Reflection of imperfection: Lucian Freud redefines the self-portrait

Lucian Freud’s Reflection (Self-Portrait) – Gandalf’s Gallery via Flickr

Parker’s crossed legs and unblemished skin. Dixon’s luscious hair and relaxed shoulders. Cox’s content grin and professional poise. Down the hall from our beloved sweater hang eight flattering portraits of Haverford’s preceding headmasters to Dr. Nagl. They highlight each man’s character and passion through facial expressions and still-life objects. Each portrait casts the man in his best light.

  Portrait savant Lucian Freud took a completely different route in 1985—and his entire career—with his piece, Reflection (Self-Portrait). Thirty-five years later, Freud’s unconventional method could be more relevant than ever. Characterized by harsh color contrasts and attention to unattractive detail, Freud redefines the typical portrait, favoring reality over staged work. 

  “The painter must give a completely free rein to any feeling or sensations he may have and reject nothing to which he is naturally drawn,” Freud wrote in his autobiography. 

“The longer you look at an object, the more abstract it becomes, and, ironically, the more real.” 

Lucian freud

  While many painters’ backgrounds influenced their work, Freud’s past defined his work. 

  Grandson of Sigmund Freud—neurologist and creator of psychoanalysis—the need for a complete understanding of human emotion ran in the family. Oftentimes, Sigmund would leave Vienna, Austria, to visit Lucian’s family in Berlin. He gifted the young Lucian books, comic strips, and most importantly, paintings. 

  Quickly, Lucian Freud became an avid painter. “It is the only point of getting up every morning: to paint, to make something good, to make something even better than before, not to give up, to compete, to be ambitious,” he wrote. 

  But Freud did not take a conventional approach to painting. He became obsessed with the human body and portraits. Instead of focusing on the body’s beauty, he brought out the truth. Benefits Supervisor Sleeping, his most profitable piece of 33.6 million dollars, depicted an overweight woman paying special attention to her burdened face and amble body.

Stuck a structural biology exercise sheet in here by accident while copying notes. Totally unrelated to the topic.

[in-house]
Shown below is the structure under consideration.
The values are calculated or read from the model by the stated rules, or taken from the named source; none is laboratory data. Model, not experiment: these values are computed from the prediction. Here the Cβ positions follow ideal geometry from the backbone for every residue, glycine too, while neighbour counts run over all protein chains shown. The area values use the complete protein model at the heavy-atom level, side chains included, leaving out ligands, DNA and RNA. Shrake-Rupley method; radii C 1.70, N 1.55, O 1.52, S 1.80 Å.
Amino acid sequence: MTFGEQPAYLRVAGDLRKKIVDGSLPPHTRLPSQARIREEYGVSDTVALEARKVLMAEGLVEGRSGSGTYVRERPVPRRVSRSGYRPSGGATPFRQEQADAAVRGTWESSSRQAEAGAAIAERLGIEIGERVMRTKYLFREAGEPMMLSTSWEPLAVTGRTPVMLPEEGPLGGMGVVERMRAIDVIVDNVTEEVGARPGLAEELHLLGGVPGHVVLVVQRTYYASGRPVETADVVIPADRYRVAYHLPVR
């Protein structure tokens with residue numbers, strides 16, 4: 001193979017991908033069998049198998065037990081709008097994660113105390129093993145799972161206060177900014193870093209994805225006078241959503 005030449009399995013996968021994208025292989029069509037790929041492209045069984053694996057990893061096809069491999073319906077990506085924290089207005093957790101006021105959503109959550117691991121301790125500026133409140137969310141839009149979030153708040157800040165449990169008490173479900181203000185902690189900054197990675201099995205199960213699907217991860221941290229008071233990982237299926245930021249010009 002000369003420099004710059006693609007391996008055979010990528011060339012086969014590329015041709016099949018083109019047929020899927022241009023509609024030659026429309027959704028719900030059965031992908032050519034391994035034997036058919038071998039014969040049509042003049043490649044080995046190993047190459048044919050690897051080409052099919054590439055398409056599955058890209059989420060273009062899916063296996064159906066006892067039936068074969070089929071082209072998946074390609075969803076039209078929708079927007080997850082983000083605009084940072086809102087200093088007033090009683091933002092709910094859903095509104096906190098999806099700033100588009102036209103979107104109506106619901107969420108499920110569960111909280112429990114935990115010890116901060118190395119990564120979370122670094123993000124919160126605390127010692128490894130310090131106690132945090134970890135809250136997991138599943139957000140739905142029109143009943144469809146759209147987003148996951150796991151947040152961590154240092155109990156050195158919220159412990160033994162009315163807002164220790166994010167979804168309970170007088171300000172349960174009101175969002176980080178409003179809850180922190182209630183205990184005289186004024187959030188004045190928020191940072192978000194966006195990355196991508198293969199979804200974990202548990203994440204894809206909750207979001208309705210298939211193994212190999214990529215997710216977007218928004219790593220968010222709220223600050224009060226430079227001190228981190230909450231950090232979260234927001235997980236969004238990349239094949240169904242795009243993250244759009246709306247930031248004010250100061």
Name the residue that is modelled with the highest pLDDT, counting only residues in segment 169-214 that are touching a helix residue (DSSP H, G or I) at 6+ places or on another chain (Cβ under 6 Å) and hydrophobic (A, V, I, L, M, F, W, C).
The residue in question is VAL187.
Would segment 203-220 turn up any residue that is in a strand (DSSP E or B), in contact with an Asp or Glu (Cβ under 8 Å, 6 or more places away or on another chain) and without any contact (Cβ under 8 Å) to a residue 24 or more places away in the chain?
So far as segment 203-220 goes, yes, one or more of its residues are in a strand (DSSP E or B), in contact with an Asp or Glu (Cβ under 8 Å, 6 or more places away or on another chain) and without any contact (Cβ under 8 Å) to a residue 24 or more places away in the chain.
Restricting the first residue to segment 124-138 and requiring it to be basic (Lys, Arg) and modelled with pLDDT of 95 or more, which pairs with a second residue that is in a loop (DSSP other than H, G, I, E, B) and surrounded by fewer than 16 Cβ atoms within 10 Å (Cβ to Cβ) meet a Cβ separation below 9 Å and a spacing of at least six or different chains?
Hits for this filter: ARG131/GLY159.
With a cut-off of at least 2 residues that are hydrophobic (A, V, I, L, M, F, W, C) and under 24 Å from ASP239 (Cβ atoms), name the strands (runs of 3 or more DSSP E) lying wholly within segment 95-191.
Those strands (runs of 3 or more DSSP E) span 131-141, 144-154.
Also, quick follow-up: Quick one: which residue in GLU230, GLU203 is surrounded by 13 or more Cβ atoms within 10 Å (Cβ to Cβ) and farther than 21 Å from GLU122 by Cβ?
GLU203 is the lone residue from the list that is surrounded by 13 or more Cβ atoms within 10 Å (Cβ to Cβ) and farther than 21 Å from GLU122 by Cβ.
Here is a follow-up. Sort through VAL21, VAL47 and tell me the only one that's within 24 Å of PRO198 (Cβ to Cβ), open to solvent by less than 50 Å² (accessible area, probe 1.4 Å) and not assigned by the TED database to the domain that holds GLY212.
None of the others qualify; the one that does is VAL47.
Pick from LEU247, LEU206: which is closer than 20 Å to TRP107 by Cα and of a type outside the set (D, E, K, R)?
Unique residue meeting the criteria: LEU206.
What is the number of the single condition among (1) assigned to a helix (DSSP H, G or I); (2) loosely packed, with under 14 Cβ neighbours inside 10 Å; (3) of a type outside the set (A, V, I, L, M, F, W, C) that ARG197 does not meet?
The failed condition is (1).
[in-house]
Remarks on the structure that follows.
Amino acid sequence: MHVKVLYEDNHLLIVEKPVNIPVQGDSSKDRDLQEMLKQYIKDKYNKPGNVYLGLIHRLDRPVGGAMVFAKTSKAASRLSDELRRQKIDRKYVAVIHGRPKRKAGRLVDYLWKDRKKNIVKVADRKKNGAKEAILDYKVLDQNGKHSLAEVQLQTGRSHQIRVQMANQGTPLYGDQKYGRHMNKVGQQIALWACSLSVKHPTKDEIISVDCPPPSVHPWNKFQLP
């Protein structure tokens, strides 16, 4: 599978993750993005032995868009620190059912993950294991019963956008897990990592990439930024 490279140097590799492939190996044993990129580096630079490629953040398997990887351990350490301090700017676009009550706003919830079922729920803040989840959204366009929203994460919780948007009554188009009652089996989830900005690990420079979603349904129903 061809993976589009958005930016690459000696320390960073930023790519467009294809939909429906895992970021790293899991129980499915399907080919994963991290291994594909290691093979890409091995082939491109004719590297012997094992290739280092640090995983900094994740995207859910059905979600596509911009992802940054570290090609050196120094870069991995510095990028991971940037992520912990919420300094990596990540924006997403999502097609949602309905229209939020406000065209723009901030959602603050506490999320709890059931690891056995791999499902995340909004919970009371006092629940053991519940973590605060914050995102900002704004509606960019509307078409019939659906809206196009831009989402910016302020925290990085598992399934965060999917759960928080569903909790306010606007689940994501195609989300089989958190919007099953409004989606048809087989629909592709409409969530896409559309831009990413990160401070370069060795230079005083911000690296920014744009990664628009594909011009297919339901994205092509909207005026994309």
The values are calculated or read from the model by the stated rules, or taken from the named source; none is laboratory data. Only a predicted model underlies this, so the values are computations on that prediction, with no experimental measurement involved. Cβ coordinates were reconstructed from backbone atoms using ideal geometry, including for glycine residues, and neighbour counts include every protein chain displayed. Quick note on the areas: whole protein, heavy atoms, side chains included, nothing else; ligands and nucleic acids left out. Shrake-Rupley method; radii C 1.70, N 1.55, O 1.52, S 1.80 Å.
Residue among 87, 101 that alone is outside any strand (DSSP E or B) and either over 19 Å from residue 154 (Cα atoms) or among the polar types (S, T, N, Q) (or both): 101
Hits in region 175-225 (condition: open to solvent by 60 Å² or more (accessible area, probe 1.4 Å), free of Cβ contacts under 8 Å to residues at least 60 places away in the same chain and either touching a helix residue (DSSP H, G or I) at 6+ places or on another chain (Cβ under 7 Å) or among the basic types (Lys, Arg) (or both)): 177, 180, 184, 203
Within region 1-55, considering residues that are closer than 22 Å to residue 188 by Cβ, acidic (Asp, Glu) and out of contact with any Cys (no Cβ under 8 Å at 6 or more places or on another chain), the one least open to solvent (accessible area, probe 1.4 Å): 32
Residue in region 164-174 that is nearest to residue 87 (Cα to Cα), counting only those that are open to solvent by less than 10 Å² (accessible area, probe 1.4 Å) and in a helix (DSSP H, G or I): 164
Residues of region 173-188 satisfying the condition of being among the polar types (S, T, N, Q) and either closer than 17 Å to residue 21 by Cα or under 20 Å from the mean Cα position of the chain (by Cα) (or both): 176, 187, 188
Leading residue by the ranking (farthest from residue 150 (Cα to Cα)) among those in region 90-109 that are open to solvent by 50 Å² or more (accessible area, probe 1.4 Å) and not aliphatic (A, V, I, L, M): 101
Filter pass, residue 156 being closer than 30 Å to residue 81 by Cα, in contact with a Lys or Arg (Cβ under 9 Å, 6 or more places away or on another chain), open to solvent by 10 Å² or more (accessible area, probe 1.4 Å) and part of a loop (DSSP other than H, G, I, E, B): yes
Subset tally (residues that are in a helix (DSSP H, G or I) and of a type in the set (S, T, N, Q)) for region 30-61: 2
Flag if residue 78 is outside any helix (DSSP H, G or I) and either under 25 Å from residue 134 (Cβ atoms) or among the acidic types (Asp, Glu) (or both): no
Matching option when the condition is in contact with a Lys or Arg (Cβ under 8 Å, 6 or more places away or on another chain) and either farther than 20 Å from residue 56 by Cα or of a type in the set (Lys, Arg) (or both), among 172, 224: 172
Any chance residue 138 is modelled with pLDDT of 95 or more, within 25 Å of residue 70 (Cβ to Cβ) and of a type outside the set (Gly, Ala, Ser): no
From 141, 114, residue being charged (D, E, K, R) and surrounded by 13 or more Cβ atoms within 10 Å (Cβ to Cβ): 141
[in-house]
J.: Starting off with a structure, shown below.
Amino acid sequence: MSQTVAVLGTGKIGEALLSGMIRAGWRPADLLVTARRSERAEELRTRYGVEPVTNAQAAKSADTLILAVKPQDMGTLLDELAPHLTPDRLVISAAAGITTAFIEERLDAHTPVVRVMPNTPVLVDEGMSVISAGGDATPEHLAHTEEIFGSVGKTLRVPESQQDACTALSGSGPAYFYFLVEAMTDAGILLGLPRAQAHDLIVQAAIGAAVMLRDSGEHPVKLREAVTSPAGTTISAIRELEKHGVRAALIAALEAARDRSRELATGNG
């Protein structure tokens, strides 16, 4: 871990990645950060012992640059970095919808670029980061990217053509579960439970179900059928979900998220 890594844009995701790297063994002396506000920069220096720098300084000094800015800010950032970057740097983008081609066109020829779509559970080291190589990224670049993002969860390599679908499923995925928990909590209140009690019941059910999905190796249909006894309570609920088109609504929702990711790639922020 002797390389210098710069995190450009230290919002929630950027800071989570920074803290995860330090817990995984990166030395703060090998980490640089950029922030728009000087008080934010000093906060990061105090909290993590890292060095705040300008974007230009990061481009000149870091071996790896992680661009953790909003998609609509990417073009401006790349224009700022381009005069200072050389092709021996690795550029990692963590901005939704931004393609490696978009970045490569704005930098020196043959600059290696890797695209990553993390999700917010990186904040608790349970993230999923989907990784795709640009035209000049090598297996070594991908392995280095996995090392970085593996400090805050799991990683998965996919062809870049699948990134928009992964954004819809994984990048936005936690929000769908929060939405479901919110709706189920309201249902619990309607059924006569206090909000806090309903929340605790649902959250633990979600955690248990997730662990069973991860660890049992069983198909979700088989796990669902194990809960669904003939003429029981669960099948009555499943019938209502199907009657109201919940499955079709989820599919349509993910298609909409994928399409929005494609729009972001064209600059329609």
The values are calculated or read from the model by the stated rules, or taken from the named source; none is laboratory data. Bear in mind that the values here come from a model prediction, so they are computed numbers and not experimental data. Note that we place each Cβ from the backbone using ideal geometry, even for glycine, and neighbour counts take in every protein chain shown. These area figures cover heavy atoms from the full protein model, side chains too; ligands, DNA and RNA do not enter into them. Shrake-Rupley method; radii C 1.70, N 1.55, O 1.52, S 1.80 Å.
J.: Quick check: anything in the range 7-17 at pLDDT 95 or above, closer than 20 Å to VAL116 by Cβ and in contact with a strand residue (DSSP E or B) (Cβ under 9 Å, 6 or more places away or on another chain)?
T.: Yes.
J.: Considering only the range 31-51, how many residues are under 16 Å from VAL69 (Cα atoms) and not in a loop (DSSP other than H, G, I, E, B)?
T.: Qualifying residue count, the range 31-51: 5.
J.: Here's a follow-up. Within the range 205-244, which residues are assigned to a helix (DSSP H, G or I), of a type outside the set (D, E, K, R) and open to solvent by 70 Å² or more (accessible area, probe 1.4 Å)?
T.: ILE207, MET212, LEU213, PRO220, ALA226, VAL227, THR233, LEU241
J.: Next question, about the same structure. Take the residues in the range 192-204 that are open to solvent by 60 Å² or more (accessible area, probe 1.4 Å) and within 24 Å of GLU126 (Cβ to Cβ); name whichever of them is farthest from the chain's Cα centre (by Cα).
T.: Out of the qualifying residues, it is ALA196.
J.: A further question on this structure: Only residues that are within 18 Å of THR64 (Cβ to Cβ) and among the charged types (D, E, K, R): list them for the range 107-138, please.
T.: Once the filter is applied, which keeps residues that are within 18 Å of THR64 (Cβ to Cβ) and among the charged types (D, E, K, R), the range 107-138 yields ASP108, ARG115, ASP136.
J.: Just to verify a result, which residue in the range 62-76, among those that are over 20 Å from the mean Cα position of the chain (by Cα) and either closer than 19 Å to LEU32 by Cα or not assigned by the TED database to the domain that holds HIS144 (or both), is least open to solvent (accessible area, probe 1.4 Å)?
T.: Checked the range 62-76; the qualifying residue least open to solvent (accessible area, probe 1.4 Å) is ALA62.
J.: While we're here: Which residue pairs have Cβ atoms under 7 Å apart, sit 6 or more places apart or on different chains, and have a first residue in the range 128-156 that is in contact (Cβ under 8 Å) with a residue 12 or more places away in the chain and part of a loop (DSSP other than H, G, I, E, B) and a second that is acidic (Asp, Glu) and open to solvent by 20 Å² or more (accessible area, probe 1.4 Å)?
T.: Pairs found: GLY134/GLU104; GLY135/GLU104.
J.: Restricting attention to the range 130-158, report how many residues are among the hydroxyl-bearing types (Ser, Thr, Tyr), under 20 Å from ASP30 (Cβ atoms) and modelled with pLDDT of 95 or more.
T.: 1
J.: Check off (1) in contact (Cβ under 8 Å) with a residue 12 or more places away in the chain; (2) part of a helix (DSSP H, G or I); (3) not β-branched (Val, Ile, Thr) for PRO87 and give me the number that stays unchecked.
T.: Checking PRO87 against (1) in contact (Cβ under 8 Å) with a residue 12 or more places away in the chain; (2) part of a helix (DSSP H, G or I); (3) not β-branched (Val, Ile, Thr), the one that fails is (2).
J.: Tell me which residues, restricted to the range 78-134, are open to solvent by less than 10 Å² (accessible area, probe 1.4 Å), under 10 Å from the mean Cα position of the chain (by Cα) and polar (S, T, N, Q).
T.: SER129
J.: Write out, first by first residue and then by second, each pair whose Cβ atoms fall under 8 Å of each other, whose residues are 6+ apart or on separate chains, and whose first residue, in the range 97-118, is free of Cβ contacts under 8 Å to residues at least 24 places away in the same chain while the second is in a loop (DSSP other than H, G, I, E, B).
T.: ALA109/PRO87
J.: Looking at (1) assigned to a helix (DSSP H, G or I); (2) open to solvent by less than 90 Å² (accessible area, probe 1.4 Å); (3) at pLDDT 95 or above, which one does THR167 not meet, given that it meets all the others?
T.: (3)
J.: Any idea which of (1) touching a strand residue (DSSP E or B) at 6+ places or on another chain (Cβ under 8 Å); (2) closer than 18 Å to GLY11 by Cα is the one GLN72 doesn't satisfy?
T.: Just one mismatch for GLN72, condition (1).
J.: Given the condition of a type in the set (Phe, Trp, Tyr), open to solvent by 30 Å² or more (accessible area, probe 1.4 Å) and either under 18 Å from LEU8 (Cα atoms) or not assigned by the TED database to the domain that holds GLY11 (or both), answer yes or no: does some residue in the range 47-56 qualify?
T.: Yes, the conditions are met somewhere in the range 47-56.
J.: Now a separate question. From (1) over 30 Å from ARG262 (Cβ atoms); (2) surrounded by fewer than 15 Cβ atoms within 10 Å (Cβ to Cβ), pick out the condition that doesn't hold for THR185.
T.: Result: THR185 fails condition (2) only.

Exhibition in Frankfurt, Germany for Lucian Freud’s Benefits Supervisor Sleeping, 2000 – Photoarchiv Krizanovic via Wikimedia Commons

  Regarding his strategy on displaying real human emotion, he said, “The longer you look at an object, the more abstract it becomes, and, ironically, the more real.” 

  Up close, Reflection is made of large brush strokes. One would think large brush strokes take away Freud’s ability to capture small details, but this is not the case; it is purposeful. Freud uses large marks to create hard edges, ultimately casting a face that appears to have aged poorly. 

  Rather than fading colors into a gradient, he uses chunky, blocked strokes that make his wrinkles more prominent. An escapee of Hitler’s Nazi regime, Freud’s face reflects a difficult life. It follows the same pattern as his previous work, focusing on the hard truth.

A portrait can be flattering, or it can be real; no man is as perfect as their pose.

  Nearing the end of his painting career Freud said, “Now the very least I can do is to paint myself naked.” 

  Naked can be interpreted in one of two ways: nude, or revealing. While many of his portraits use the former—he said, “When I’m painting people in clothes I’m always thinking very much of naked people”—Freud uses the latter in Reflection. He reveals himself through the color palette. 

  Since the background is a cool, dull brown, Freud’s aging upper body appears directly in contrast. But just beneath his face is a shadow, not coincidentally the same color as the background. 

  His olive skin tone darks contrast the yellow tinted brights, creating shadows within individual skin folds and furthering the wrinkle and old age premise. 

  A handful of factors play into the title Reflection. Because of the contrast between contoured face and monochrome background, Freud appears closer to the viewer, hinting at the out-of-body experience we all have when lost in thought. His eyes, notably disproportionate and asymmetrical, exist in non-parallel gazes, displaying both Freud’s imperfection as a man, but also his moment of self-reflection that the title insinuates.  

In an age of mindless entertainment, ravaging disease, and overwhelming stress, Freud’s style remains pertinent. If the portraits of Haverford’s venerated men were revisited, this time revealing harsh reality over legacy, what would each generation have to say?

  A portrait can be flattering, or it can be real; no man is as perfect as their pose. Freud never paints from a picture, and even allows his subject to move around; he painted his self-portrait in the mirror. Where many tell satisfactory and simple stories through their portraits and self-portraits, Lucian Freud aims to unsettle—he tells the truth.

“It’s purely autobiographical,” he said.

Author: Tyler Zimmer '21

Editor-in-Chief Tyler Zimmer '21 has written for each section of The Index since 2018. He previously served as Managing Editor and Arts Editor. In addition to journalism, Tyler plays baseball and golf, and he is often found working in the art studio.